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|Language in the Constitution of Kinship||Ian Keen||1|
|Grammar, Dialectal Variation and Honorific Registers in Nahuatl in Seventeenth-Century Guatemala||Sergio F. Romero||54|
|Lillooet Bird Names||Henry Davis and Jan van Eijk||78|
|The Languages of the Amazon (Alexandra Aikhenvald)||Patience Epps||100|
|A Reference Grammar of Kotiria (Wanano) (Kristine Stenzel)||Wilson Silva||106|
|Portuguese Missionary Grammars in Asia, Africa, and Brazil, 1550–1800 (Otto Zwartjes)||Mauricio J. Mixco||112|
Abstract. Kinship has been an “essentially contested concept” in social and cultural anthropology. Nevertheless, linguistic and anthropological linguistic studies of kinship terminologies, grammar, and pragmatics have developed in parallel with anthropological ones. Lacking, however, is a broad overview of the range of linguistic variation across languages that would build a bridge between the linguistics and anthropology of kinship. Toward that end, this article explores the role of language in the constitution of kinship. It asks, on what linguistic resources do people of different cultures and languages draw in order to constitute kinship as an institution?
Abstract. This article examines honorific registers in Central Mexican and Guatemalan varieties of Nahuatl in seventeenth-century Guatemala, highlighting the importance of sociolinguistic methods for the dialectology of Mesoamerican languages. A comparative study of two pastoral texts reveals that the differences between the honorific registers of the Nahuatl varieties were quantitative rather than categorical: the structure of honorifics is the same (for all syntactic categories), but significant differences appear in the frequency of honorific marking, especially on verbs. Metalinguistic comments in Spanish sources provide evidence of the impact of these differences on stylistic marking, ethnic boundary work, and indexing of social status.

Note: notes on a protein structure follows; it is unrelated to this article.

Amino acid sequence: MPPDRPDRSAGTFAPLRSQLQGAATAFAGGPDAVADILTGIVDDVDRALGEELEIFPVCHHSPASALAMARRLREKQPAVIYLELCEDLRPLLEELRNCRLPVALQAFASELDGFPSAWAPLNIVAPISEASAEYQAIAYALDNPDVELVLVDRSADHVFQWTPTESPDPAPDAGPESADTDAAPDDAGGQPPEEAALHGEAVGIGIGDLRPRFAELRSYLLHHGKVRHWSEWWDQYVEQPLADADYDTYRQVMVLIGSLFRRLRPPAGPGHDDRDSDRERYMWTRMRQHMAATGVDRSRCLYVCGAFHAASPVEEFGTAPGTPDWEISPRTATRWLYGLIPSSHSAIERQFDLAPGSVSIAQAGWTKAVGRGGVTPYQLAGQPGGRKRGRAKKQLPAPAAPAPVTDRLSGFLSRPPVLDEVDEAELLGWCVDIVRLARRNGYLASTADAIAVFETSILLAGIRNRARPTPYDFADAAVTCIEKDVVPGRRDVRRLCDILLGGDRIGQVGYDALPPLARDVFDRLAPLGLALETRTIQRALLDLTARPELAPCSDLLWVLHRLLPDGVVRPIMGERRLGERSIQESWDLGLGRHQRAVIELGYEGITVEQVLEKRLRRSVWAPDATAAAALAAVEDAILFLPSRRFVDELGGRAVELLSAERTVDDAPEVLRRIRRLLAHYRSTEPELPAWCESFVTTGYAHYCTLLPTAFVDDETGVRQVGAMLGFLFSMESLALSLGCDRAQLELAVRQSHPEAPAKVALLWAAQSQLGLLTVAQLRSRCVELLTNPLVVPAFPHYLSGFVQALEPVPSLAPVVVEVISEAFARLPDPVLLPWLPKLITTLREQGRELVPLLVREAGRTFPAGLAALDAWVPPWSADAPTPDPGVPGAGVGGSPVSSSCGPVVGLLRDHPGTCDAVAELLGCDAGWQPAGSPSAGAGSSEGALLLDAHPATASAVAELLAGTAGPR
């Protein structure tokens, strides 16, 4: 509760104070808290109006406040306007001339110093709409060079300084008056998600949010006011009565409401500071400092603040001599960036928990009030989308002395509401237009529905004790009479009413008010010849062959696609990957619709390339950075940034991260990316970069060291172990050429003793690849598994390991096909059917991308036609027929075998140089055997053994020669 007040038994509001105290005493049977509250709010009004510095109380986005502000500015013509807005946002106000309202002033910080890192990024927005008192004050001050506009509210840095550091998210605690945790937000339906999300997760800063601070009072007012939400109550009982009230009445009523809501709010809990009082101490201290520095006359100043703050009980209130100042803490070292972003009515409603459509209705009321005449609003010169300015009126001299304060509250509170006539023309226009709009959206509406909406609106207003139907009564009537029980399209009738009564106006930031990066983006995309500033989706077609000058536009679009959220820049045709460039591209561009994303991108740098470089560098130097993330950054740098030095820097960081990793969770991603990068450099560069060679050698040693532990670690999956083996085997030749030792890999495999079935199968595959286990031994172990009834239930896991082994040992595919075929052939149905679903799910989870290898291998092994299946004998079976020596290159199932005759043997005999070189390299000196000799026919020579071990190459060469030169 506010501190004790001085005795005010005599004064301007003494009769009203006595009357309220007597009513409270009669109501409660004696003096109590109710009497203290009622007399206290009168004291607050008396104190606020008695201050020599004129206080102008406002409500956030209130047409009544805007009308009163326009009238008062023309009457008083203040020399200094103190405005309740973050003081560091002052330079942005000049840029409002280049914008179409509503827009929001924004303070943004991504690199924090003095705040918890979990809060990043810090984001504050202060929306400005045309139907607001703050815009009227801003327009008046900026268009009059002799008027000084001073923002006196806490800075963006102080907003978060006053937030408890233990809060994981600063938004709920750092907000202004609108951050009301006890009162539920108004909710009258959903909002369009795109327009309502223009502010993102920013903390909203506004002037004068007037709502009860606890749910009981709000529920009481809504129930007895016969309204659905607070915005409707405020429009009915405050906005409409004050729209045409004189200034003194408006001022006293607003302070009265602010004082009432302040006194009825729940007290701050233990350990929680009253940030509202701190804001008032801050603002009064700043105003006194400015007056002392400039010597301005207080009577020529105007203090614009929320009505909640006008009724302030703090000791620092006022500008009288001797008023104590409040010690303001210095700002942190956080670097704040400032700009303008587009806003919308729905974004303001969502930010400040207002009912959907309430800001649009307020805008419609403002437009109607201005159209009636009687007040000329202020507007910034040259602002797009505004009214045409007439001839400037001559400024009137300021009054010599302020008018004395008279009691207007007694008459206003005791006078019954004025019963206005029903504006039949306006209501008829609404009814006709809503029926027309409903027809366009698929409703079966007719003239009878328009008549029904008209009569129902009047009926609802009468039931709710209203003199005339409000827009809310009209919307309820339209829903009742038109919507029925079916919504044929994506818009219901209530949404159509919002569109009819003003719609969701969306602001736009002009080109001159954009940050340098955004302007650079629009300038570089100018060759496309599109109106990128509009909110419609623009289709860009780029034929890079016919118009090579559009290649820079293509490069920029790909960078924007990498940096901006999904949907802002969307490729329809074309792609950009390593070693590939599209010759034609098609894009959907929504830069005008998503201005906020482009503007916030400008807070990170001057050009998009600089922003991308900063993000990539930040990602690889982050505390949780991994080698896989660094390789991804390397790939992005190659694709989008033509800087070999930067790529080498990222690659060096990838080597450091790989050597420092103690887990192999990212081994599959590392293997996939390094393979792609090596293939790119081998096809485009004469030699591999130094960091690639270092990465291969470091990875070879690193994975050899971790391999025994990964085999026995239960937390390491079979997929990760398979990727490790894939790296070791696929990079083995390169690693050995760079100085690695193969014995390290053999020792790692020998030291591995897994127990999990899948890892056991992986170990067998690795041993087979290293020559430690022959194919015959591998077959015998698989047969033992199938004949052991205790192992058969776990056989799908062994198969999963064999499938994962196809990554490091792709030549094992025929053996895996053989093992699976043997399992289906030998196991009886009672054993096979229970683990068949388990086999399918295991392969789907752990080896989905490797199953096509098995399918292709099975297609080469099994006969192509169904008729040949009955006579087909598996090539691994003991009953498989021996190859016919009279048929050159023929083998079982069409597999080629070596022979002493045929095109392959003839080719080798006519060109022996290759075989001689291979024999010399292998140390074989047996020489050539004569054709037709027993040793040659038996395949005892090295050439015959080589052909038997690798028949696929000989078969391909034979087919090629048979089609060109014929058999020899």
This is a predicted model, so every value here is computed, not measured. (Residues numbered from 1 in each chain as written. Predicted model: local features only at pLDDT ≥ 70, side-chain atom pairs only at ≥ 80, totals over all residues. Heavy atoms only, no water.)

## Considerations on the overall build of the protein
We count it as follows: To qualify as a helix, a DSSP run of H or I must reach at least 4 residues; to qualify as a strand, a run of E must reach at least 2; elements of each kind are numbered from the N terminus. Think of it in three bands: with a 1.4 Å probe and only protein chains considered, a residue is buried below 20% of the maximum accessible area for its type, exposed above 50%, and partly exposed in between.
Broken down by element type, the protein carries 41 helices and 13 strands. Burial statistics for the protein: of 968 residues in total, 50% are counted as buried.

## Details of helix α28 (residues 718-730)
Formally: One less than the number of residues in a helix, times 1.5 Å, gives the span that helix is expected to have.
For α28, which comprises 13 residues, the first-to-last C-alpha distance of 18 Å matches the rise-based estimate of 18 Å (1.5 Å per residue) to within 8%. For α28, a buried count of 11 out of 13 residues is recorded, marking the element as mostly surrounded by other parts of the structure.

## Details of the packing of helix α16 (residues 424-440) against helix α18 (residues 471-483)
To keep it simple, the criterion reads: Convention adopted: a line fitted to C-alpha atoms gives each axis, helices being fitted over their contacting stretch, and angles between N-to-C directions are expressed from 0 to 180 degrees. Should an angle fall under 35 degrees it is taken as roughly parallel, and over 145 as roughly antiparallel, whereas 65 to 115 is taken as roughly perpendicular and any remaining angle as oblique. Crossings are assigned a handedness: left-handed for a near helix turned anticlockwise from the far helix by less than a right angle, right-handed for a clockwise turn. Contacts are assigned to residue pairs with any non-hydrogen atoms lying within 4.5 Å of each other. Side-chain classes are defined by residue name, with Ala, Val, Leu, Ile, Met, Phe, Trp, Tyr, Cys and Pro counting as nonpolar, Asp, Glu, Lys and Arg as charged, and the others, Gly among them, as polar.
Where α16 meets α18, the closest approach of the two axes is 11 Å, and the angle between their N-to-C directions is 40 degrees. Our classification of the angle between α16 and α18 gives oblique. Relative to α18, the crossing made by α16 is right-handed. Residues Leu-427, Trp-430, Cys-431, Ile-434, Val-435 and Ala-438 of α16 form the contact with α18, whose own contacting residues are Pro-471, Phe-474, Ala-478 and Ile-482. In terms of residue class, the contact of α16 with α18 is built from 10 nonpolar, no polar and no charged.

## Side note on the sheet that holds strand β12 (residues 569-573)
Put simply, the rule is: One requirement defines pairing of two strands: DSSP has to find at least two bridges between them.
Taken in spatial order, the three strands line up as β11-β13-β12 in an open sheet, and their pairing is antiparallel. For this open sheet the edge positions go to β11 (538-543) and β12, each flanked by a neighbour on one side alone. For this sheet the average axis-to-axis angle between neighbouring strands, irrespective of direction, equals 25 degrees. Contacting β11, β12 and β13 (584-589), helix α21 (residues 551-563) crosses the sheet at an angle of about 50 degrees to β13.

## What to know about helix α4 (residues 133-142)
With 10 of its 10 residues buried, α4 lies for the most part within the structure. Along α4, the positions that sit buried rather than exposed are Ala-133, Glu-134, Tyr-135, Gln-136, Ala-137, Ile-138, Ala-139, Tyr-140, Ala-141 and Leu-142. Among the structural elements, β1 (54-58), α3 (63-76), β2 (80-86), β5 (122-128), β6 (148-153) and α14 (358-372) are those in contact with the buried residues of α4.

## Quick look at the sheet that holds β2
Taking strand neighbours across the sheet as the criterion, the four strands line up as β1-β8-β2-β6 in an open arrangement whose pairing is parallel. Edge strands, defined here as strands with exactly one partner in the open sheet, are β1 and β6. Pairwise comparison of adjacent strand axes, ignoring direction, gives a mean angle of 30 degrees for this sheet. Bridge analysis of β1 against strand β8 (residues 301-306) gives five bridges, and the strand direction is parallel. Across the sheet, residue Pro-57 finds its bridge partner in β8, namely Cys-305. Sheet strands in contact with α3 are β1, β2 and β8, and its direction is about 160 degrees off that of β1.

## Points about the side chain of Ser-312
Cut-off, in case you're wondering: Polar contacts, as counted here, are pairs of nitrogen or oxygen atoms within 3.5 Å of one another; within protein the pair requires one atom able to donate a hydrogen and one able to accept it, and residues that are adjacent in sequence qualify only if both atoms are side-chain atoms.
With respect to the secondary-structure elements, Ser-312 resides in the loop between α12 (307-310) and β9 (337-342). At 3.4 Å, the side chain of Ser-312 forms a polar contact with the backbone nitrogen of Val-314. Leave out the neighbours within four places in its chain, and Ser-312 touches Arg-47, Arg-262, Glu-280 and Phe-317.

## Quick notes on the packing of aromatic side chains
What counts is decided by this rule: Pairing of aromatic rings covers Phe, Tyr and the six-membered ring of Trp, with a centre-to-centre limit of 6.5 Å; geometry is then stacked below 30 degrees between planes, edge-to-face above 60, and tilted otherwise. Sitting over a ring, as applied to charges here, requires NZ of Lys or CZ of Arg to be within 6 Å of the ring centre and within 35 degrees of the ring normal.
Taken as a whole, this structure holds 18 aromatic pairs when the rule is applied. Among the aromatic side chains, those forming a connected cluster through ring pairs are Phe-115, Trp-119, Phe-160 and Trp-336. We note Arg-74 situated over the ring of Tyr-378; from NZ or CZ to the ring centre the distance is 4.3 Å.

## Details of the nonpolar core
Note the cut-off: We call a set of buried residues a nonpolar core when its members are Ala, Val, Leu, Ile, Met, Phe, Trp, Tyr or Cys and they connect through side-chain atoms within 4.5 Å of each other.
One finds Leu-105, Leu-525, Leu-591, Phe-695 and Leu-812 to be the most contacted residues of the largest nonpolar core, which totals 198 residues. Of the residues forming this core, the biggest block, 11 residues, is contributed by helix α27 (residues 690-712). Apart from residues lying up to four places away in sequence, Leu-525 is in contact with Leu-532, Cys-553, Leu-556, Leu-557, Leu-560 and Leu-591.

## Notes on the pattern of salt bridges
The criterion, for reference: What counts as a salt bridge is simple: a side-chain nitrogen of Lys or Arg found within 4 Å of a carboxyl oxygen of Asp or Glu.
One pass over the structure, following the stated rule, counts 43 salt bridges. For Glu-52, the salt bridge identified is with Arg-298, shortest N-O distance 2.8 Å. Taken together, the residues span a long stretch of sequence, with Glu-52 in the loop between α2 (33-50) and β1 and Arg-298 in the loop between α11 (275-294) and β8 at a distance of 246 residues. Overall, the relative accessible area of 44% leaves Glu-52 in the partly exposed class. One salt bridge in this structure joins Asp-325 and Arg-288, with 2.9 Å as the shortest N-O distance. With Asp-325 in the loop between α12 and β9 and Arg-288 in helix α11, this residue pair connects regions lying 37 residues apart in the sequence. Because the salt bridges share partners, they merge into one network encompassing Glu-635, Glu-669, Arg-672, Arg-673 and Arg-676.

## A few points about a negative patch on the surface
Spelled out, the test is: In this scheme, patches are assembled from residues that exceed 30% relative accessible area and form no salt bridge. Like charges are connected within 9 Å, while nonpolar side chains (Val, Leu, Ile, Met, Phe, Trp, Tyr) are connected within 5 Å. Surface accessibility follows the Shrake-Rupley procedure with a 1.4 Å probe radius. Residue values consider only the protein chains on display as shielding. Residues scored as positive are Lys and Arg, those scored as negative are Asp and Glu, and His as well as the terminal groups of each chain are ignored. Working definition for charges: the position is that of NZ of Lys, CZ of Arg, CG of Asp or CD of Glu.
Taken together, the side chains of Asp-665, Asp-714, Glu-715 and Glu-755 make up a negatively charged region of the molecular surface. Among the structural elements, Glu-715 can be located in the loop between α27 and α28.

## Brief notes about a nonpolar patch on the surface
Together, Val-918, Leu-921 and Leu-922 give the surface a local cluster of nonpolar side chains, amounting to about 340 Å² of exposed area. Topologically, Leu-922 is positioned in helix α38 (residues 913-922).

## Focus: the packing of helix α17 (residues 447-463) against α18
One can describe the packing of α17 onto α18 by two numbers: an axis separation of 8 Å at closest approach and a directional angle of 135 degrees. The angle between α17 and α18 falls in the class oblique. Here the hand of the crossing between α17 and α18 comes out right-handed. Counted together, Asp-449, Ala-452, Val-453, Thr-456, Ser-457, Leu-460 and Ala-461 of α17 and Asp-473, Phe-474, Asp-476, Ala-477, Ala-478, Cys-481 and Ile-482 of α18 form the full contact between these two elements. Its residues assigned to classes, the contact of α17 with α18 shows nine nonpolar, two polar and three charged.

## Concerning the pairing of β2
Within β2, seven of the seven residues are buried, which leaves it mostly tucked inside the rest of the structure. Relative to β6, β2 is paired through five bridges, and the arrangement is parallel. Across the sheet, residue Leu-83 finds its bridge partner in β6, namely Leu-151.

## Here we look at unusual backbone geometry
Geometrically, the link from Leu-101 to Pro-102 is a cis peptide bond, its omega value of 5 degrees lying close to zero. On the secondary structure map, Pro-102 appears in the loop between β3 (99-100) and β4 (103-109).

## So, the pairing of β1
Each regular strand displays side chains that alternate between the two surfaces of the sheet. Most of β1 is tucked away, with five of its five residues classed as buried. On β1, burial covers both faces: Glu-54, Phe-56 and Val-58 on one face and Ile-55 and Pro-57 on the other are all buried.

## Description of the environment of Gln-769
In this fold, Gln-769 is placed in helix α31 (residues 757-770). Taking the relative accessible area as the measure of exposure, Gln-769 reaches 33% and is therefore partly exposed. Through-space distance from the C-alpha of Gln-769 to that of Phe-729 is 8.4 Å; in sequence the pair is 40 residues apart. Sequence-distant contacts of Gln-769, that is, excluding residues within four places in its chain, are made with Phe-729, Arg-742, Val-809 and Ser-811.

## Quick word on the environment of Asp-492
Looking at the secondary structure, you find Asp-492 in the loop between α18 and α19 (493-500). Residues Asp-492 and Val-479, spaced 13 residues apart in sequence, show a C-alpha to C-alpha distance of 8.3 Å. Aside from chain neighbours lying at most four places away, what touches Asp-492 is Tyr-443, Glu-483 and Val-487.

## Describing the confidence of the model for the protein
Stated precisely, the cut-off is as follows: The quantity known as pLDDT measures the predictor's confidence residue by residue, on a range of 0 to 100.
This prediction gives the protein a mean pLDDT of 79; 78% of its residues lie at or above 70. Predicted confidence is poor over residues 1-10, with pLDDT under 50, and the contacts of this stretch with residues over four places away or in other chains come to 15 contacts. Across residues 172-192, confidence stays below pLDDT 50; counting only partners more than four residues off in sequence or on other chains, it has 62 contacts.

Abstract. This article contains an annotated list of all bird names recorded in the Lillooet language, compiled by the authors over the course of many years of fieldwork in Lillooet territory (British Columbia, Canada). Although in most cases we have managed to identify the bird species referred to by the Lillooet terms, in a few cases we have not yet been able to do so. This is due to a number of factors, which include problems with using standard field guides to prompt identification, the use of local English vernacular terms, and the decline of specialized ethno-ornithological knowledge among the remaining fluent Lillooet speakers.
Last updated: 10 Feb 2015
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